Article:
Budget day is always an interesting day for the markets although some budgets are more exceptional than others. As far as the currency market reaction was concerned this was an unexceptional one although more will inevitably be seen in the Autumn budget post Article 50.
Despite a big improvement in the growth forecast the pound took losses against both the Euro and the dollar. The main highlights are as follows:
The jump in the 2017 growth forecast in particular is a big plus for the UK and should bode well for the Pound going forward although the medium-term growth outlook is not so bright. A real focus on improving technical skills will be needed in the post Brexit world and this budget seeks to commence the move in this direction.
From a political perspective with the threat of the breakup of the Union, the additional funds that have been made available for the dissolved assemblies really act as a sweetener to keep Britain together. Considering there is a possibility that SNP leader Nicola Sturgeon will request a second Scottish independence referendum on the same day that Article 50 is invoked, then this budget could help diffuse those tensions. However, it has been reported this morning that the First Minister has indicated this Autumn would be a good time to have that second referendum and is likely to weigh on Sterling.
The rise in National Insurance contributions for self-employed individuals is the highly controversial issue in this budget and there is likely to be more from this story – Todays front page in the Mirror newspaper is titled “What’s so Funny”, The Sun goes with “Spite Van Man” whilst the Times opts for “Hammonds £2bn Tax Raid”.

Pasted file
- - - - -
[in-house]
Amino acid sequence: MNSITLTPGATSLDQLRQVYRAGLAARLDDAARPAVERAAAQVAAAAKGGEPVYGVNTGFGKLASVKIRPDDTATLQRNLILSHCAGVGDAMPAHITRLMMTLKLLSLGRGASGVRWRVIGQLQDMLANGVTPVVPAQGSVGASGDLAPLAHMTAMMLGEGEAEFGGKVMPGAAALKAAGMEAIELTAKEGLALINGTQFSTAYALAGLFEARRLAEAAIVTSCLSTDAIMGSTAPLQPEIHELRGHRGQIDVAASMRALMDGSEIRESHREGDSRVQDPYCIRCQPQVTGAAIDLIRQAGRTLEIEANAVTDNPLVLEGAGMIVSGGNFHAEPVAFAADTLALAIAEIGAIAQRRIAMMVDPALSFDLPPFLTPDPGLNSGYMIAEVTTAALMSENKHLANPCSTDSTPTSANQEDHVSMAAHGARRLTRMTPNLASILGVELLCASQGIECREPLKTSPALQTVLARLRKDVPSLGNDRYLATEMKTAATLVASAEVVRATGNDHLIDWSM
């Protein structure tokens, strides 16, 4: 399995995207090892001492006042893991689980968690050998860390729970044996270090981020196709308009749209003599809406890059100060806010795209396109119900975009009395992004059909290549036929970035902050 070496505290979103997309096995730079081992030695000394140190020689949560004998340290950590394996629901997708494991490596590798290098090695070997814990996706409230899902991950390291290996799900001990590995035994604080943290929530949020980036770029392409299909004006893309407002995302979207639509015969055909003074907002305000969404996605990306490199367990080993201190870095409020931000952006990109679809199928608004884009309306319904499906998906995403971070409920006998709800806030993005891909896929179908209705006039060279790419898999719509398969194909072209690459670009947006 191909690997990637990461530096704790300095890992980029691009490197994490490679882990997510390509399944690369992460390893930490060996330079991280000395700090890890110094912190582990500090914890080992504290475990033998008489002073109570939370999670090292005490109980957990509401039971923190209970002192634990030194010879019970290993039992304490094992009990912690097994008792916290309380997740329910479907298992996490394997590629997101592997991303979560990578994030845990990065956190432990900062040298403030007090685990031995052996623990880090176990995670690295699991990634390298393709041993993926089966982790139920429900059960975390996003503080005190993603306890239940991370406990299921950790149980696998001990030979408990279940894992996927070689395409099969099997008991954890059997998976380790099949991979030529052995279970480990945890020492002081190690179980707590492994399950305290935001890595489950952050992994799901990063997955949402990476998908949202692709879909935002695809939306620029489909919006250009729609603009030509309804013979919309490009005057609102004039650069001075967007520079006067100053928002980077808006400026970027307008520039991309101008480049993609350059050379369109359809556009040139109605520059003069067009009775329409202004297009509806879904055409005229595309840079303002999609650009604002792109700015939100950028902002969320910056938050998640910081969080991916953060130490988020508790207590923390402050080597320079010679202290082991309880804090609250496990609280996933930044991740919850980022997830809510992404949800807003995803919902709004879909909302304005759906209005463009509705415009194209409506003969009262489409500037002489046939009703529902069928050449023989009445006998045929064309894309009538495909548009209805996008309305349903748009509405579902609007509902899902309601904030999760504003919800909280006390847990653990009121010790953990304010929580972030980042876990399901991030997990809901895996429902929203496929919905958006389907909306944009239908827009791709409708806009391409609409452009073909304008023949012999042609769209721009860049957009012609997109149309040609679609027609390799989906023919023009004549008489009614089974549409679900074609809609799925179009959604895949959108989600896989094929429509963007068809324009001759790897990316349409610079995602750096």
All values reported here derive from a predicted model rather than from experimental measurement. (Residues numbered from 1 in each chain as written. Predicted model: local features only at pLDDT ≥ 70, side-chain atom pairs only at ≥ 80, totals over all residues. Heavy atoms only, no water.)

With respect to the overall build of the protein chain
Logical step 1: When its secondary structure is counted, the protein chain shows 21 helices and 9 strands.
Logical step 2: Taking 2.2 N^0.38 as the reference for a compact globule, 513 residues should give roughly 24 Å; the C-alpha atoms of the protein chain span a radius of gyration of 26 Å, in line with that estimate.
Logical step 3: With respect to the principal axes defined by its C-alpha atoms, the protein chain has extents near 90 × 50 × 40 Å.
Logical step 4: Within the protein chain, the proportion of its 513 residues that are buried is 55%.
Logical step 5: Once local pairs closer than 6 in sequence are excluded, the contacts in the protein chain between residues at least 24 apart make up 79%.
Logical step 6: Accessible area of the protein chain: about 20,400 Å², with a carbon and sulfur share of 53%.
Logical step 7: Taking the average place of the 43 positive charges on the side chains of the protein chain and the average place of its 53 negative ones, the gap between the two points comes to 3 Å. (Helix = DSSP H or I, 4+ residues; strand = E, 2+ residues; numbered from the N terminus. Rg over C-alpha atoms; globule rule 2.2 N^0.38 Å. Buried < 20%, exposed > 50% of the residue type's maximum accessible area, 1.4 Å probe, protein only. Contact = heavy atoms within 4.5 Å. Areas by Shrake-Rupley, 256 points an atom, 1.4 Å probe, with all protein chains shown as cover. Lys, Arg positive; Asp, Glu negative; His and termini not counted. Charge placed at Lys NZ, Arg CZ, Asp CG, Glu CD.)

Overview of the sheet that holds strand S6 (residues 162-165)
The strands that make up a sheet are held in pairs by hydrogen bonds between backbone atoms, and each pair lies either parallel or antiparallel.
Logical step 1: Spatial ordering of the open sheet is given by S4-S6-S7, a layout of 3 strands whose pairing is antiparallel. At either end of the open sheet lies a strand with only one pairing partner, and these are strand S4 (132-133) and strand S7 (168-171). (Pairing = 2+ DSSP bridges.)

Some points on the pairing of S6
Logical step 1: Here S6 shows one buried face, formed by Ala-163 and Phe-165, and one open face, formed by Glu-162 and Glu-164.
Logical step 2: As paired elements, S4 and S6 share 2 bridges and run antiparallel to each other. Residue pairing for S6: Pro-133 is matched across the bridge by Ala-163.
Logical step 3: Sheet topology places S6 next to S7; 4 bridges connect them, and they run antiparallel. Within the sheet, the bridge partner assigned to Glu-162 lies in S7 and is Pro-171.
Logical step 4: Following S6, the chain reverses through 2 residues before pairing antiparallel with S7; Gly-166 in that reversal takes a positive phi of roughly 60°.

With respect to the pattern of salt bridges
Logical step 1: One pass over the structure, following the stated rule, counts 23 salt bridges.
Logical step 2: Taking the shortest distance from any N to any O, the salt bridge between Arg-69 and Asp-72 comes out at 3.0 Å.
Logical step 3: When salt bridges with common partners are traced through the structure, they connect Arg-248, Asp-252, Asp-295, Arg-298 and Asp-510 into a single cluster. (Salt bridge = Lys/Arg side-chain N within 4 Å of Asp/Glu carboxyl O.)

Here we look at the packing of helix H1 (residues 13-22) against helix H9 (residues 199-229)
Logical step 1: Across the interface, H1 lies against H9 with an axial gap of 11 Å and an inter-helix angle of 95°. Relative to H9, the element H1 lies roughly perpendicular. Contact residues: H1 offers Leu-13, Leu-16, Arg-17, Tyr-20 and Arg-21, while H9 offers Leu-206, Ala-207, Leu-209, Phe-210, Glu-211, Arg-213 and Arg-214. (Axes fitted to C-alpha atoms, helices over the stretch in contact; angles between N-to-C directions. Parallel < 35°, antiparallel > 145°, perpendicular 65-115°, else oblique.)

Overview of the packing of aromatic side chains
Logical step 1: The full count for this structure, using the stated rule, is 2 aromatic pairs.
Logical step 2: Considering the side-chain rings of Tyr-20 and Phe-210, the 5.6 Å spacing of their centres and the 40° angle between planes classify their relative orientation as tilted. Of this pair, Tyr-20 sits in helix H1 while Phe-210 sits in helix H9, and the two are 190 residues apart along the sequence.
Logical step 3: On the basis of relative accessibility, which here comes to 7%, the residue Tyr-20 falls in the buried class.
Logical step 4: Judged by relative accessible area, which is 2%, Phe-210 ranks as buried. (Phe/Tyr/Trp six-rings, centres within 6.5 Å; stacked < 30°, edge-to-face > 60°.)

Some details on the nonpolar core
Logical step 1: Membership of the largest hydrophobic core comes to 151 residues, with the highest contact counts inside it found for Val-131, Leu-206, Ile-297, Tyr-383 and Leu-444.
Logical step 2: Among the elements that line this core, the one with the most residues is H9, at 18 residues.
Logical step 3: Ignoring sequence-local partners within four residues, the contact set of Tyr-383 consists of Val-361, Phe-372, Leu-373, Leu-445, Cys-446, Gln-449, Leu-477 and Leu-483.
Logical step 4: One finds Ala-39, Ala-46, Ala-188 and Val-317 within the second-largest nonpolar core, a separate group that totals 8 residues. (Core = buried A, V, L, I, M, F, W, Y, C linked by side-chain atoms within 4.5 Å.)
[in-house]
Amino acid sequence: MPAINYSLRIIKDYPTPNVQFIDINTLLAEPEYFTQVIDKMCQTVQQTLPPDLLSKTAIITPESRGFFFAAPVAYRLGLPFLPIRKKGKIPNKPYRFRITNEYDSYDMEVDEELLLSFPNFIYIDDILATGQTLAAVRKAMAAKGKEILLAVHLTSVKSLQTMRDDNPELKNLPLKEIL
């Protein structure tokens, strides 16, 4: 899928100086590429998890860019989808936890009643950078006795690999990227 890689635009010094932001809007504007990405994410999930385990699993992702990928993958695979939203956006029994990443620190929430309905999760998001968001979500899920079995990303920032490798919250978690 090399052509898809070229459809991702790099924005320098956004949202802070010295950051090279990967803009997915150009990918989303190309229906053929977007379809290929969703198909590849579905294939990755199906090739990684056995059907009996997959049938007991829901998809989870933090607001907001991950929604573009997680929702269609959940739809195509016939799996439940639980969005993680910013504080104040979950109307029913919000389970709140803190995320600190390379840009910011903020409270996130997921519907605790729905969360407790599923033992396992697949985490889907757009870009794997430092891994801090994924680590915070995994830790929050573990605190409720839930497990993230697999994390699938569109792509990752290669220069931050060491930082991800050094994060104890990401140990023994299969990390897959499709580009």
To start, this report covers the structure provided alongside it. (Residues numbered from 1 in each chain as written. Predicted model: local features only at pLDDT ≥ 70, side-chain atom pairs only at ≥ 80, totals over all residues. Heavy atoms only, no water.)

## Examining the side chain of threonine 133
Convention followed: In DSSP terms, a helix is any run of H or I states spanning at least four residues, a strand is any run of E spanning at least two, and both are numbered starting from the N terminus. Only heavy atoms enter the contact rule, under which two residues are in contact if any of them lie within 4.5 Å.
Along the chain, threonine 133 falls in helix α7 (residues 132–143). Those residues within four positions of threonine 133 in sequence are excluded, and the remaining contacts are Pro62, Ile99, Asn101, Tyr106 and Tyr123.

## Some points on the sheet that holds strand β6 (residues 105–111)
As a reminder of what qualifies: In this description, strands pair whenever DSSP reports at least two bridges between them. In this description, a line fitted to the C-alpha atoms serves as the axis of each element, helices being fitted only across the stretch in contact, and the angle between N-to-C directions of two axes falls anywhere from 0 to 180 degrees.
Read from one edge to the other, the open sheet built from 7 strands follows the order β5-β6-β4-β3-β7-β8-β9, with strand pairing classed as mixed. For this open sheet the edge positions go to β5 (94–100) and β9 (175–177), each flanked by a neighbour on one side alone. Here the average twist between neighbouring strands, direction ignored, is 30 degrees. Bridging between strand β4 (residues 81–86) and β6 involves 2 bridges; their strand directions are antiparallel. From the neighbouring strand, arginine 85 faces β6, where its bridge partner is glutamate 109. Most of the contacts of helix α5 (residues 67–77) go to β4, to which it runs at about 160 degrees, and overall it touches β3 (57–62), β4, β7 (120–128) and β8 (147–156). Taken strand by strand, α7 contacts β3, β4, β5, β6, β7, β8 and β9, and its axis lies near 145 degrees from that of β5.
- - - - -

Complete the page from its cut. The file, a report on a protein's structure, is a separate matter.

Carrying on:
On Monday the House of Commons will discuss the two amendments that the House of Lords have put forward surrounding the rights of EU nationals living in Britain and a second “meaningful vote” on the terms of Brexit once an EU UK deal has been prepared. Expect a particularly volatile week for the Pound as these finer details could materially change the course of Brexit. The general feeling is that the House of Commons will insist the bill is kept in its original form for Brexit to proceed. Once this clarity has been provided the Pound may begin to rally although in the current political arena anything could happen.
Now into our second week in March it is potentially only a matter of days before Article 50 is invoked. The government will likely push this centre stage for the world to see and there may well be a considerable market reaction around the time of the announcement. It would be unwise to think there wouldn’t be a reaction considering the market movements seen 24th June 2016, the day after the referendum.
Clients with a pending currency requirement may wish to look at securing prior to next week as the response could be exacerbated in view of the fact this has never been done before. Call our trading floor on 01494 725 353 or email me here to get a free quote.
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